Thelma Dunn and Dan Paul have shared a bus ride to the city's senior center every day for the past year.
Now they'll be sharing the rest of their lives.
The couple, both in their 80s, took their wedding vows in front of friends and family Thursday morning, about a year after meeting on the bus that took them to the H. Louis Lake Senior Citizens Center every day.
As a pianist played the wedding march, Dunn, dressed in a pink suit and attended by her daughter, walked down an aisle in the senior center's dining room. At an altar decorated by the center's staff, Paul waited to greet his bride.
"I've been lonely for 27 years, and we hit it off just right," Dunn said. "We share the old times and the hard times."
Dunn, a widow, and Paul, whose wife died two years ago, have lived less than four blocks from one another since 1952. Both raised their children in the same Garden Grove neighborhood and sent their children to the same Garden Grove schools. They had never met until Paul started going to the senior center last year.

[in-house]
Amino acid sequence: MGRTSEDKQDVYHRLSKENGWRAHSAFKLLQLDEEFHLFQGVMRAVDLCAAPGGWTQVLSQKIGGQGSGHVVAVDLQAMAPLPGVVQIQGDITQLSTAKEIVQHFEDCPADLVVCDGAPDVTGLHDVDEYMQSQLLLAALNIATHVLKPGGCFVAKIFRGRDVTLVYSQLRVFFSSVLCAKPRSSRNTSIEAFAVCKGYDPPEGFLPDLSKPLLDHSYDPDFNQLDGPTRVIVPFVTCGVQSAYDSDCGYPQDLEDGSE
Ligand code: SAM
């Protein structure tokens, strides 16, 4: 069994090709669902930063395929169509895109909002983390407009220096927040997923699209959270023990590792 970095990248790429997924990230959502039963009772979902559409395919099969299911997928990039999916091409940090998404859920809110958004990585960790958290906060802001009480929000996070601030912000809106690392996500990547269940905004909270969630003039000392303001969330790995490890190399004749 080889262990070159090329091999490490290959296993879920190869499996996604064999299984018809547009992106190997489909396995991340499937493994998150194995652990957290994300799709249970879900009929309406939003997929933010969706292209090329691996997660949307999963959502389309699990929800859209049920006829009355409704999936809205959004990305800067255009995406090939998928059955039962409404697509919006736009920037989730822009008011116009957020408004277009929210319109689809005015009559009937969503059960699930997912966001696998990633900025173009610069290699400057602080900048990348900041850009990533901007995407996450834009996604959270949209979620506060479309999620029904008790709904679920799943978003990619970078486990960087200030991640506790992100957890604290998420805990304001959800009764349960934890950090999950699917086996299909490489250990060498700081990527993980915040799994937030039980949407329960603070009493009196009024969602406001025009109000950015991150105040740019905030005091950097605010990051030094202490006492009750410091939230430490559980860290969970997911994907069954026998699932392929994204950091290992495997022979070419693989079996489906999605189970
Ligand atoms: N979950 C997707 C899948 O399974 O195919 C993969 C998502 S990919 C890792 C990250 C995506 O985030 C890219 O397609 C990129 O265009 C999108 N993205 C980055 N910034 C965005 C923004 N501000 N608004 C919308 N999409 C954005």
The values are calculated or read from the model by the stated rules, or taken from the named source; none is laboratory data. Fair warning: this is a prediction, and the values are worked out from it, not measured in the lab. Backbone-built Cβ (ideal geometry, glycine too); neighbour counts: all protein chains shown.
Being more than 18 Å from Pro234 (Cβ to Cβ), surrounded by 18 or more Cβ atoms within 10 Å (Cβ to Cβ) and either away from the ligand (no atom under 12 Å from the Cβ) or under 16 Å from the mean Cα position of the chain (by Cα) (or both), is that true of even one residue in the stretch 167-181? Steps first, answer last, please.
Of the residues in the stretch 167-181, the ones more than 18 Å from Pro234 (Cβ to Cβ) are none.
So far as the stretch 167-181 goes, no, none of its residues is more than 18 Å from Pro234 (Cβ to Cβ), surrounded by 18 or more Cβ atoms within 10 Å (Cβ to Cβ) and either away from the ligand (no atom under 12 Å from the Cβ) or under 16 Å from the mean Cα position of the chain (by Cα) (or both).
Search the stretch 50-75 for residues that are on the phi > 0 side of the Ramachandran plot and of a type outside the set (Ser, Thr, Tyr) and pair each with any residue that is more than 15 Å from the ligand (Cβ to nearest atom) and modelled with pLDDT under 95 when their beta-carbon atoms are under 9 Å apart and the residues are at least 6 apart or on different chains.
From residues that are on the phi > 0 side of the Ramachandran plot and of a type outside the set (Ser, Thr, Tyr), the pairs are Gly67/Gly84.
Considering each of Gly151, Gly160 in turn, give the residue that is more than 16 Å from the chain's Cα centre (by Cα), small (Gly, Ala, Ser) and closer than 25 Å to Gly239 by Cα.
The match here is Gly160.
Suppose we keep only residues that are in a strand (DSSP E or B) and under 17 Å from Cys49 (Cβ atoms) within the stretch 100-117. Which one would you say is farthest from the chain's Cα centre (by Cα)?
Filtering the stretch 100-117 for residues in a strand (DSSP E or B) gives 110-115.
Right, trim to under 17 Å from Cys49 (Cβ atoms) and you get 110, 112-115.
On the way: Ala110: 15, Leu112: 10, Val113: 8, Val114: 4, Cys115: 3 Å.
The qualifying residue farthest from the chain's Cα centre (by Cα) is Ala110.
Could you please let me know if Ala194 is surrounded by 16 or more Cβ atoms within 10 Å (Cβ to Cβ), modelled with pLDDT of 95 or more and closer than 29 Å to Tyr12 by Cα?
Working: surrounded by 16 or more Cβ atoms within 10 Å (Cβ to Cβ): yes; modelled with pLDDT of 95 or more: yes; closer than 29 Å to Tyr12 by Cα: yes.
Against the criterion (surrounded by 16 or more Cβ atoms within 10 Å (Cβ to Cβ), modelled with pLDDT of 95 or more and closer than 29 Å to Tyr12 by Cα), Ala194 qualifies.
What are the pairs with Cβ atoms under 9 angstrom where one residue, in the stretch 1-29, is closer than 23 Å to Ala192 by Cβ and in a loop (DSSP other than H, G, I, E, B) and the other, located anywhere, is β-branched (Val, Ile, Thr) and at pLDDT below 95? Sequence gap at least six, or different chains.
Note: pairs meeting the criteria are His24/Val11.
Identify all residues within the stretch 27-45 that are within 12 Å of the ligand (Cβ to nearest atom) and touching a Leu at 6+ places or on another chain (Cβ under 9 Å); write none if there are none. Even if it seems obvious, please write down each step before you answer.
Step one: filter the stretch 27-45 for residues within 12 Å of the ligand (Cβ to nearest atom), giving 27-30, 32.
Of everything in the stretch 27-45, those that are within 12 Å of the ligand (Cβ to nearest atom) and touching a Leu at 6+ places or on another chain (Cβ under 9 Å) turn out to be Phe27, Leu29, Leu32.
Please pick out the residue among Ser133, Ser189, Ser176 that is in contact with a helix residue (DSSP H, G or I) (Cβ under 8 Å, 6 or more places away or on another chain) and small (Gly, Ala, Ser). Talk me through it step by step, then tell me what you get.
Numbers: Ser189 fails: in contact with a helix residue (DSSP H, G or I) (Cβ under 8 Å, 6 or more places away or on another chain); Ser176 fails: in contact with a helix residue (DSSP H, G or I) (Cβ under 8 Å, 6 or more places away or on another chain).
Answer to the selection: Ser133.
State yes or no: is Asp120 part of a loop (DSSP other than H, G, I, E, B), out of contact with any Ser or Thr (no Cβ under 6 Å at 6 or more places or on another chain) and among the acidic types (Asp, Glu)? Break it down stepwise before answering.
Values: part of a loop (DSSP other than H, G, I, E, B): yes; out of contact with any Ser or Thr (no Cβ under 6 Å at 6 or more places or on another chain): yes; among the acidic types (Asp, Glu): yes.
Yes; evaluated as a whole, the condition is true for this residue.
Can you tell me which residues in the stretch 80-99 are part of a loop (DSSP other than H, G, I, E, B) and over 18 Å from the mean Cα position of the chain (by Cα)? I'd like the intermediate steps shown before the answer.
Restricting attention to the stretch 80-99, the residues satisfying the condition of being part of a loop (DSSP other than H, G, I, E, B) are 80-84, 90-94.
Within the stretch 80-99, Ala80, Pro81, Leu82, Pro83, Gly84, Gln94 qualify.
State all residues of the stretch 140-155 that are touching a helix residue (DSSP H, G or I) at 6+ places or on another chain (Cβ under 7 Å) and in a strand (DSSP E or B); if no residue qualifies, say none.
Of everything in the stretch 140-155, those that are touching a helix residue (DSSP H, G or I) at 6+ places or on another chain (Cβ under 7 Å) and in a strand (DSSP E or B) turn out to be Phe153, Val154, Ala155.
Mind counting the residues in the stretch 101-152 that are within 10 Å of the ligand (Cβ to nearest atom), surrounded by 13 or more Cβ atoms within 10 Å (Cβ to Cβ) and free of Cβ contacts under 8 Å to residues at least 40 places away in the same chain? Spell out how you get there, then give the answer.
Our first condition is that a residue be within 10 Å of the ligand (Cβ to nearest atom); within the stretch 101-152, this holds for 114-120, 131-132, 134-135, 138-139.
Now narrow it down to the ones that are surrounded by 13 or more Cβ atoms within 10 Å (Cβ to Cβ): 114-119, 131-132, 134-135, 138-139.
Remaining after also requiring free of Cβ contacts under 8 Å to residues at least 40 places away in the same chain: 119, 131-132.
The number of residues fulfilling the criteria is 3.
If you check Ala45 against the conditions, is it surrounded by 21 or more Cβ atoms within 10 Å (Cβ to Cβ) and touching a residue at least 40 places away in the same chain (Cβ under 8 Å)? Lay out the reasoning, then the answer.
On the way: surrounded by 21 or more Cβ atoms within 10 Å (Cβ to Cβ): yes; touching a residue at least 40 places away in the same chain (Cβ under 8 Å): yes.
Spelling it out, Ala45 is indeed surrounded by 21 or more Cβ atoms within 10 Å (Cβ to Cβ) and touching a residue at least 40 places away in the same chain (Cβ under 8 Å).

"I like everything about her," Paul said of his bride. "I was attracted to her by the way she acted. She's a smart woman."
The traditional double ring ceremony was the first ever held in the senior center and one of only a handful of marriages between the center's clients, said Marie Knight, leisure services manager.
Following the service, friends and family gathered around tables decorated in pink and white to toast the couple with sparkling cider and good wishes. A pink-and-white, two-tiered wedding cake was cut, and the bride and groom shared their first dessert as husband and wife.
"I just hope they enjoy good health," said Dunn's longtime friend, Florence Shields. "We've been real close, but now she has a husband and other things to do. We'll still see each other, but now only at the center. I guess I'm gaining and losing something."
As is traditional, single women crowded onto the floor when Dunn tossed her bouquet. Paul's first pitch of the garter sent it to the ceiling, where it lodged. On his second throw, his 18-year-old grandson, Jason, caught it.
Paul's son, Darryl, 53, said he couldn't be happier about the nuptials--especially after the difficult time he had convincing his father to go to the center.
"Love springs eternal," he said.